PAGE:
it’s long past my bedtime and i know i should be sleeping, seeing as i have a long day at work tomorrow followed by a long evening of the dreaded holiday staff party… but i’m on the very last page of michael tolliver lives by armistead maupin (one of the books i picked up secondhand in ottawa @ after stonewall) and as much as i’ve been enjoying it, something hasn’t been sitting quite right and i feel the urgent need to work it out.
so, here’s my figuring. the characteristics of the people in this novel are described thusly:
- page 1 – Stranger: close to (michael’s) age, “not bad-looking, in a beat-up, Bruce Willis-y sort of way”
- page 6 – Barney: forty-eight, muscle daddy, has a “big white marble ass”
- page 7 – Ben: blond, brown eyes
- page 8 – Anna: eighty-five, wears a turban, has “snowy hair”
- page 30 – Brian: sixty-one, cleft chin, white “sandpaper” beard
- page 32 – Shawna: twenty-two, black hair, dark-red lipstick, wears harlequin glasses
- page 45 – Jake: ~thirty, short, stocky, grey eyes, bearded
- page 79 – Bed and Breakfast owners: “a pair of retired Italian queens from Queens”
- page 80 – Lenore: ~fifty-five, girlish, petite, “careful hair”
- page 80 – Sumter: seven, delicate, “doe-eyed”
- page 91 – Irwin: has a comb-over, rugged
- page 92 – Nursing home receptionist: “a balding Middle Eastern man”
- page 98 – Alice: “meticulous” blue hair, blue skin tone due to illness
- page 113 – Patreese: “a solid-looking black bear nearing fifty”
- page 119 – Pot-smokers outside bar: ~forty-five, highlighted hair, fake tans
- page 142 – Waitress at Denny’s: “hefty young gum-chewing black woman”
okay, i’m bored of this, and even just above proves my point: the only characters whom maupin describes in a racialized manner are people of colour. no one is ever explicitly described as being White, with the possible exception of Barney, whose ass is described in a way that seems to imply he is caucasian (though he might not be). this is a classic example of the way in which whiteness is considered to be the status quo, the standard, the assumed-state-of-being-unless-otherwise-indicated. by only using racialized terms to describe the bed and breakfast owners, the nursing home receptionist, patreese, and the waitress at denny’s, maupin has indicated them to be “the other” because it makes them stand in stark contrast to all the characters whose descriptions focus on clothing, hair, and other features that are non-race-dependent (though, of course, are still indicative and important).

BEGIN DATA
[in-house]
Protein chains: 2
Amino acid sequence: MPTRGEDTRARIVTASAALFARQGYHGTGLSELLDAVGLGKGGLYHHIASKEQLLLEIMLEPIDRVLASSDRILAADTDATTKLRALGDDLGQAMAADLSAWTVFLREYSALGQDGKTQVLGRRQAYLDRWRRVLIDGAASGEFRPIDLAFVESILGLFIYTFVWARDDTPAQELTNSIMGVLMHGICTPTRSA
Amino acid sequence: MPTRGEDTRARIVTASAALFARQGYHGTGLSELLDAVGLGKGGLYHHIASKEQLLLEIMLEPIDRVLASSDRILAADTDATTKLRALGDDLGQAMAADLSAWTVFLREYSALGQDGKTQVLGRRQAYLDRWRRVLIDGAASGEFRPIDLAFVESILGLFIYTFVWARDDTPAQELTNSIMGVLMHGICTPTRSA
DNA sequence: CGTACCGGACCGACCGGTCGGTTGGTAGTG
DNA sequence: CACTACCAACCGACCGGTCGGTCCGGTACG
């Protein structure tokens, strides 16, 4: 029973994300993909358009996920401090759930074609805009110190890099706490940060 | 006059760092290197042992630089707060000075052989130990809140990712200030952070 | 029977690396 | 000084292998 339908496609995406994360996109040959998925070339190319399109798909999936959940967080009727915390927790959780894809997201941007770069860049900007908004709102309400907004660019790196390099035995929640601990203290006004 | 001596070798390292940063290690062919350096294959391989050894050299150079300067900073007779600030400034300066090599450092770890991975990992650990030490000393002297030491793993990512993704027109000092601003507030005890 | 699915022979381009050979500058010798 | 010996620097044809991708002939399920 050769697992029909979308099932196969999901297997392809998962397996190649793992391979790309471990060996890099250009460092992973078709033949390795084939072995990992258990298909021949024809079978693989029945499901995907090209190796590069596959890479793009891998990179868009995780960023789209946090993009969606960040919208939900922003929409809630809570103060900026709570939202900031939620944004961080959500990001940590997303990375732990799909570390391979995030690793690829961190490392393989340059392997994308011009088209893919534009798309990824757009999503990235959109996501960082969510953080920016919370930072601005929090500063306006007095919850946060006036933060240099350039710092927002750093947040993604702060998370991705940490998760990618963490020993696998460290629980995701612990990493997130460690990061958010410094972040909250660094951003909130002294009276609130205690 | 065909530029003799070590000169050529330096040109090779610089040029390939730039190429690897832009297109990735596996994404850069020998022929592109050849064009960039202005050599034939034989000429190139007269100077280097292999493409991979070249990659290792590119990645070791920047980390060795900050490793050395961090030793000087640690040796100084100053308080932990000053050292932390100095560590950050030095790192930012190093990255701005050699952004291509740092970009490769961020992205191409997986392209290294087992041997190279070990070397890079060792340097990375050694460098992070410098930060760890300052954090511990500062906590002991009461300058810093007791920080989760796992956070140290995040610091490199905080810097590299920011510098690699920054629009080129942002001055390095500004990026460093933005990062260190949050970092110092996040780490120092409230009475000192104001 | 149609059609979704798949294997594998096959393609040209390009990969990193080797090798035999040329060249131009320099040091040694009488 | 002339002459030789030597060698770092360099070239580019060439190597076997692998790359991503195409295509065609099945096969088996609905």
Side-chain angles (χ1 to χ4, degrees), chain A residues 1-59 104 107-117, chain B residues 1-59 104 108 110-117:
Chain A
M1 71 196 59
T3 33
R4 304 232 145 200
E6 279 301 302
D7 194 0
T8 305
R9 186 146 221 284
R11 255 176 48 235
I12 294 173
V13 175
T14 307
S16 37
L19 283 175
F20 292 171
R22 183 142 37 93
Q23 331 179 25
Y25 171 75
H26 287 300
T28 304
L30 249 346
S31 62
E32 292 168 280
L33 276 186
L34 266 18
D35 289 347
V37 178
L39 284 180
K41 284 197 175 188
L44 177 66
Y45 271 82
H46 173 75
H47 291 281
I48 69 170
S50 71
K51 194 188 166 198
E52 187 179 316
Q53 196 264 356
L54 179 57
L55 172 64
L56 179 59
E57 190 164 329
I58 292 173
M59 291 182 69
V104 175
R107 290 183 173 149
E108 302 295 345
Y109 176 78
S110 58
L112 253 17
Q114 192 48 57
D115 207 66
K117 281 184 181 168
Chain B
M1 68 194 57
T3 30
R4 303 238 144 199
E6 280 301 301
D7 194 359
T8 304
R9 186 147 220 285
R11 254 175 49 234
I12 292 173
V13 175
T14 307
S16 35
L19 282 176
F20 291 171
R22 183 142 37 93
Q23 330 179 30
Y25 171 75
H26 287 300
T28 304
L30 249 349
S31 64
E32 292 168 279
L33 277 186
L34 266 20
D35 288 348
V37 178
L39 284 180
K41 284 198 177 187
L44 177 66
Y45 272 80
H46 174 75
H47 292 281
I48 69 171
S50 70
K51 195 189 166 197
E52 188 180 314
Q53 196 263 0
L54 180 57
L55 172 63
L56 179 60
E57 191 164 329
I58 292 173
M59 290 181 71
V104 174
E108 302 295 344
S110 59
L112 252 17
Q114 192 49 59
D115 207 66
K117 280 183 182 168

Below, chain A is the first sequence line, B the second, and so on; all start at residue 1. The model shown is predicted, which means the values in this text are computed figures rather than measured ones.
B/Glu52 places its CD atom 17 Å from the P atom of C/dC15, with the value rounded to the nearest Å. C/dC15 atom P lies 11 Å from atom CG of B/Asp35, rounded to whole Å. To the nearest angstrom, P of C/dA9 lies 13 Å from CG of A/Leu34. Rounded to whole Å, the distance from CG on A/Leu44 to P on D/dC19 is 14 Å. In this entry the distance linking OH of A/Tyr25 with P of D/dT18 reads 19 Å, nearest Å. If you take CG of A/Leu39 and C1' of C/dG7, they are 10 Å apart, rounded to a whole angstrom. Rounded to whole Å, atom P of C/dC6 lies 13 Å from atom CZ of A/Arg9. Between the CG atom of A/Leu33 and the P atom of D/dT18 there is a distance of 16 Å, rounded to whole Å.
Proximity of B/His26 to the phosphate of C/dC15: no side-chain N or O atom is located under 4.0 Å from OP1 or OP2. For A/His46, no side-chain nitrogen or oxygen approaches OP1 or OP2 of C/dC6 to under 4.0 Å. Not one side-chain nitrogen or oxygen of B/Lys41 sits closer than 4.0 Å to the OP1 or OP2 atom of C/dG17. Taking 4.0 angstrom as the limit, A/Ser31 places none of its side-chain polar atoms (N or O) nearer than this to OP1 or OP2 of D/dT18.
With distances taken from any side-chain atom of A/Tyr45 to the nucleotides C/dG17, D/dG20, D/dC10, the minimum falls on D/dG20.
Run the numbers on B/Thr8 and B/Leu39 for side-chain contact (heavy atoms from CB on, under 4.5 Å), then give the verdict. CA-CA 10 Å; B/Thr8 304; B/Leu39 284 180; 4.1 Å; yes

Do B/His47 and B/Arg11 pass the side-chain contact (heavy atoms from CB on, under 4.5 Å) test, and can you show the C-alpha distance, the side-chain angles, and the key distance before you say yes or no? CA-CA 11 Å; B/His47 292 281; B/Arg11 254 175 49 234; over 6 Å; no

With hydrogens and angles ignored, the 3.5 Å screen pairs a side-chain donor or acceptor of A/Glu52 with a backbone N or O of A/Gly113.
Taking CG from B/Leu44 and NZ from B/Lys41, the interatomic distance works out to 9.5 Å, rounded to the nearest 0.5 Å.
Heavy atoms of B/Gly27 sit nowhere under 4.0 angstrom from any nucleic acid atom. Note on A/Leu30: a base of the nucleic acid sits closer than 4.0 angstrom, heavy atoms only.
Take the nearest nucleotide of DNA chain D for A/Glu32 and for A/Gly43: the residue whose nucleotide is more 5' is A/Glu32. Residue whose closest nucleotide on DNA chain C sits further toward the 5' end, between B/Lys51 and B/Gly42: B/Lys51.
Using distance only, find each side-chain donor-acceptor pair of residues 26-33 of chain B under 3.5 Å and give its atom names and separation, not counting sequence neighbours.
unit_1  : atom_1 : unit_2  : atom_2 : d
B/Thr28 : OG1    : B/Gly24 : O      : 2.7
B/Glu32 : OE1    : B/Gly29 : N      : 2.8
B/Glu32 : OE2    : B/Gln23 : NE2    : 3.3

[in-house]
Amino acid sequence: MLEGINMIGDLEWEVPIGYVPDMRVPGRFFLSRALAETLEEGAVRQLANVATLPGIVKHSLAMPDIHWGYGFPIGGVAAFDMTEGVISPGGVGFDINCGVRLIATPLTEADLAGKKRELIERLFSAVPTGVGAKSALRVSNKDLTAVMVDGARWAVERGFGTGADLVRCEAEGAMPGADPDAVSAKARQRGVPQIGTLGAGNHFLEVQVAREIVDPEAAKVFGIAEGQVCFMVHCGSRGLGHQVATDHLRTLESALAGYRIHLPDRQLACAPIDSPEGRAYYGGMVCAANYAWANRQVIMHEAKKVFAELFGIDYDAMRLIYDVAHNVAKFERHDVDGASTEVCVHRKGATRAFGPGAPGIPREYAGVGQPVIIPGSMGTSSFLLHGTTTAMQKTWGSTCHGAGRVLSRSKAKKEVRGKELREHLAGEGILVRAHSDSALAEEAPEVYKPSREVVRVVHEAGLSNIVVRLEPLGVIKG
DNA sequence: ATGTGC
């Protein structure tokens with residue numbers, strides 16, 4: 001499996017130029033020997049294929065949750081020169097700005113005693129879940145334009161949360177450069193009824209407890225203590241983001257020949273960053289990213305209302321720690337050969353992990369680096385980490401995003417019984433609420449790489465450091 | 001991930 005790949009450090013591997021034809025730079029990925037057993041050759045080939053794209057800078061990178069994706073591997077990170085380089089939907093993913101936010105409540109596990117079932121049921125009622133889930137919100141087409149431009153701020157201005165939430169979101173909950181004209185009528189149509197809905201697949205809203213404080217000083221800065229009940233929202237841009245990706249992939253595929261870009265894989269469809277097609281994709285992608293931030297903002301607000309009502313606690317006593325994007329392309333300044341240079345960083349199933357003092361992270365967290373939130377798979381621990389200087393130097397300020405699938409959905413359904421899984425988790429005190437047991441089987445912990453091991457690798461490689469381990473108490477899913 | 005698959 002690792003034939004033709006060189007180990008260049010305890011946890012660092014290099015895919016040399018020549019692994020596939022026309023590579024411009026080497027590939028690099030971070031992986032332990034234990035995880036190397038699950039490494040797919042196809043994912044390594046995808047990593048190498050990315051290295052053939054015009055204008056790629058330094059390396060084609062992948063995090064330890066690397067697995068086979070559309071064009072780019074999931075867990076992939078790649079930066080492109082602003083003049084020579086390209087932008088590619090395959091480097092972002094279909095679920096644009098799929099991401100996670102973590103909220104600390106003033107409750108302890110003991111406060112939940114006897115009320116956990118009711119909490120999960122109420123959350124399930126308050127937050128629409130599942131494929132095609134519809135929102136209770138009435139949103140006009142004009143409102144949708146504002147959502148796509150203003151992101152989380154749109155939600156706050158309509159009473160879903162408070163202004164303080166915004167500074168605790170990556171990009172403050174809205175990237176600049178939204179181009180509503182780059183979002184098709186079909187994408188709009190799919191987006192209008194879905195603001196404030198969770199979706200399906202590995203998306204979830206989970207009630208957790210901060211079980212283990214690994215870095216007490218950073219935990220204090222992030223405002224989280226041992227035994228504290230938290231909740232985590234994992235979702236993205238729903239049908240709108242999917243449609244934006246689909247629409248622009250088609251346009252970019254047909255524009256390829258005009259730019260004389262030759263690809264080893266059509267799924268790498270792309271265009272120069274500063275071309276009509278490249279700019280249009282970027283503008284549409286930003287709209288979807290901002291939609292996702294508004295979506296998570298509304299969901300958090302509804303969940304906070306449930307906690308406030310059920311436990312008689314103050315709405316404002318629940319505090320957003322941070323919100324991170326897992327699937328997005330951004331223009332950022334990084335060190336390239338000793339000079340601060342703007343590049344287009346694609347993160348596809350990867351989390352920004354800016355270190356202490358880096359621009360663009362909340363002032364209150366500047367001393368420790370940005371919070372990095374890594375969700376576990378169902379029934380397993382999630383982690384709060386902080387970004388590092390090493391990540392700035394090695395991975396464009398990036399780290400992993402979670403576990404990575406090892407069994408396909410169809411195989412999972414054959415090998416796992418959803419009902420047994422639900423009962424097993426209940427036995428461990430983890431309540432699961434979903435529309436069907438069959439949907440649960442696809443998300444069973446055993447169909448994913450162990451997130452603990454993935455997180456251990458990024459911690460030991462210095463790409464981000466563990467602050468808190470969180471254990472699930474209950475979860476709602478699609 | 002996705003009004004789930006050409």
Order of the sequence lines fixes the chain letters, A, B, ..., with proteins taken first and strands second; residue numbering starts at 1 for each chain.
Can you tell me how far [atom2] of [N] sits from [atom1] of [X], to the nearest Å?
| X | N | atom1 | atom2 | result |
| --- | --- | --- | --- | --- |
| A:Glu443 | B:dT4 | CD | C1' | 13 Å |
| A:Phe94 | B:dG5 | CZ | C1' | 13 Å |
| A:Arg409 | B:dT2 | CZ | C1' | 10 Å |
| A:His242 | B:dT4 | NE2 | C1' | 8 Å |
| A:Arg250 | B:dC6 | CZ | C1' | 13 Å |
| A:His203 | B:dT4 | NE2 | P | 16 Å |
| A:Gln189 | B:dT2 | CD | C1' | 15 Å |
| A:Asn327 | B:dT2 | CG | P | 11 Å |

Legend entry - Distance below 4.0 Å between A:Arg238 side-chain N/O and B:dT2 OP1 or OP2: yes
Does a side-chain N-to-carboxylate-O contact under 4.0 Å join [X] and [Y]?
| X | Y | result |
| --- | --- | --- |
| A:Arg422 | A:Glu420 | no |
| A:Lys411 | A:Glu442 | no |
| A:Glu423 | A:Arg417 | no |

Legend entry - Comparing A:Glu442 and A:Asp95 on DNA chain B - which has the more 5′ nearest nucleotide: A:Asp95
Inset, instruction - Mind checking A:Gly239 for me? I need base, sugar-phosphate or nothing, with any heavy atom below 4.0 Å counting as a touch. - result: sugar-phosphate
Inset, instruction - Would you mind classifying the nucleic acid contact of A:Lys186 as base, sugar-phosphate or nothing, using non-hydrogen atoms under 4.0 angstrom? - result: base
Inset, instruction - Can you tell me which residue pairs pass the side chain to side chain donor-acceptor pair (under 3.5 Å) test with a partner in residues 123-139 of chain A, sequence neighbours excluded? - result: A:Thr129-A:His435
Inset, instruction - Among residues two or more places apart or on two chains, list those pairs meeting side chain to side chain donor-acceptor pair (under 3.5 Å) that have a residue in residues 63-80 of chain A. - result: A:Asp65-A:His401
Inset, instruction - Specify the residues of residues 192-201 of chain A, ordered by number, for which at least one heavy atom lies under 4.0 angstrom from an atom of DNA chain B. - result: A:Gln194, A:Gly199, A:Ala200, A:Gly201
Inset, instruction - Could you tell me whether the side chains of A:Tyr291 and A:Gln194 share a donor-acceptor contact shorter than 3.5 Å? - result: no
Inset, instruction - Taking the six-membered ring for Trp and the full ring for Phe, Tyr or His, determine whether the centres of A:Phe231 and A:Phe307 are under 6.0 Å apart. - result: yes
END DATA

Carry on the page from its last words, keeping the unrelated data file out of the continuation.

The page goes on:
stuff like this makes me cringe.
especially when it’s in a very popular queer novel… and especially when it’s mixed in with some self-conscious attempts at decrying racism. when seeing the “balding Middle Eastern” nursing home receptionist for the first time, our protagonist responds:
I noticed the bumper stickers on his file cabinet- PROUD AMERICAN and SUPPORT OUR TROOPS -strategically positioned for the benefit of anxious visitors. Poor bastard, I thought. Guantanamo Bay must seem awfully close.
is it cuz i’m an educated white canadian, relatively far removed from common mindsets of the united states, that this seems like a pretty weird response to noticing some unknown person working at their job? here are my other questions:
- how does michael tolliver know this dude is “middle eastern”?
- how does he know that those stickers are there for the benefit of visitors? (maybe the guy is a soldier, or comes from a military family!)
- why would michael tolliver assume that visitors would be anxious? (are all visitors racist ignoramuses who jump to conclusions about complete strangers?)
this sort of shallow thoughtless pitying of a person of colour is… well, plain offensive, actually.
…ESPECIALLY WHEN IT IS IMMEDIATELY FOLLOWED BY THIS PHRASE:
Outside Mama’s room we held a brief powwow…
to be clear, no one in this novel has been indentified as indigenous: the “we” in the above phrase are all people who have been constructed as part of maupin’s assumed-white posse. so, in case you were wondering, these characters did not actually take part in a “…a specific type of event where both Native American and non-Native American people meet to dance, sing, socialize, and honor American Indian culture” ; they made a plan for their morning and that was all. this is not an appropriate use of the term “powwow”. it just isn’t.
there’s more, but i haven’t got the energy right now.
i’ve loved the tales of the city series since i was in high school. i think armistead maupin is a pretty good writer and i’ve loved being transported to his version of san francisco in the 70s, 80s, and 90s. the insights into the AIDS epidemic and the angsty lessons about love and romance were always fascinating to me, even if the characters seemed a little too white/healthy to be real, because at least there was queer content. my criticism of this final wrap-up novel is proof that it matters to me, because if i didn’t care, i’d just write the book off and not even bother blogging about it. but i can’t do that, cuz dammit: i was looking forward to this book and i’m too disappointed now to let it go quietly. why, armistead, why?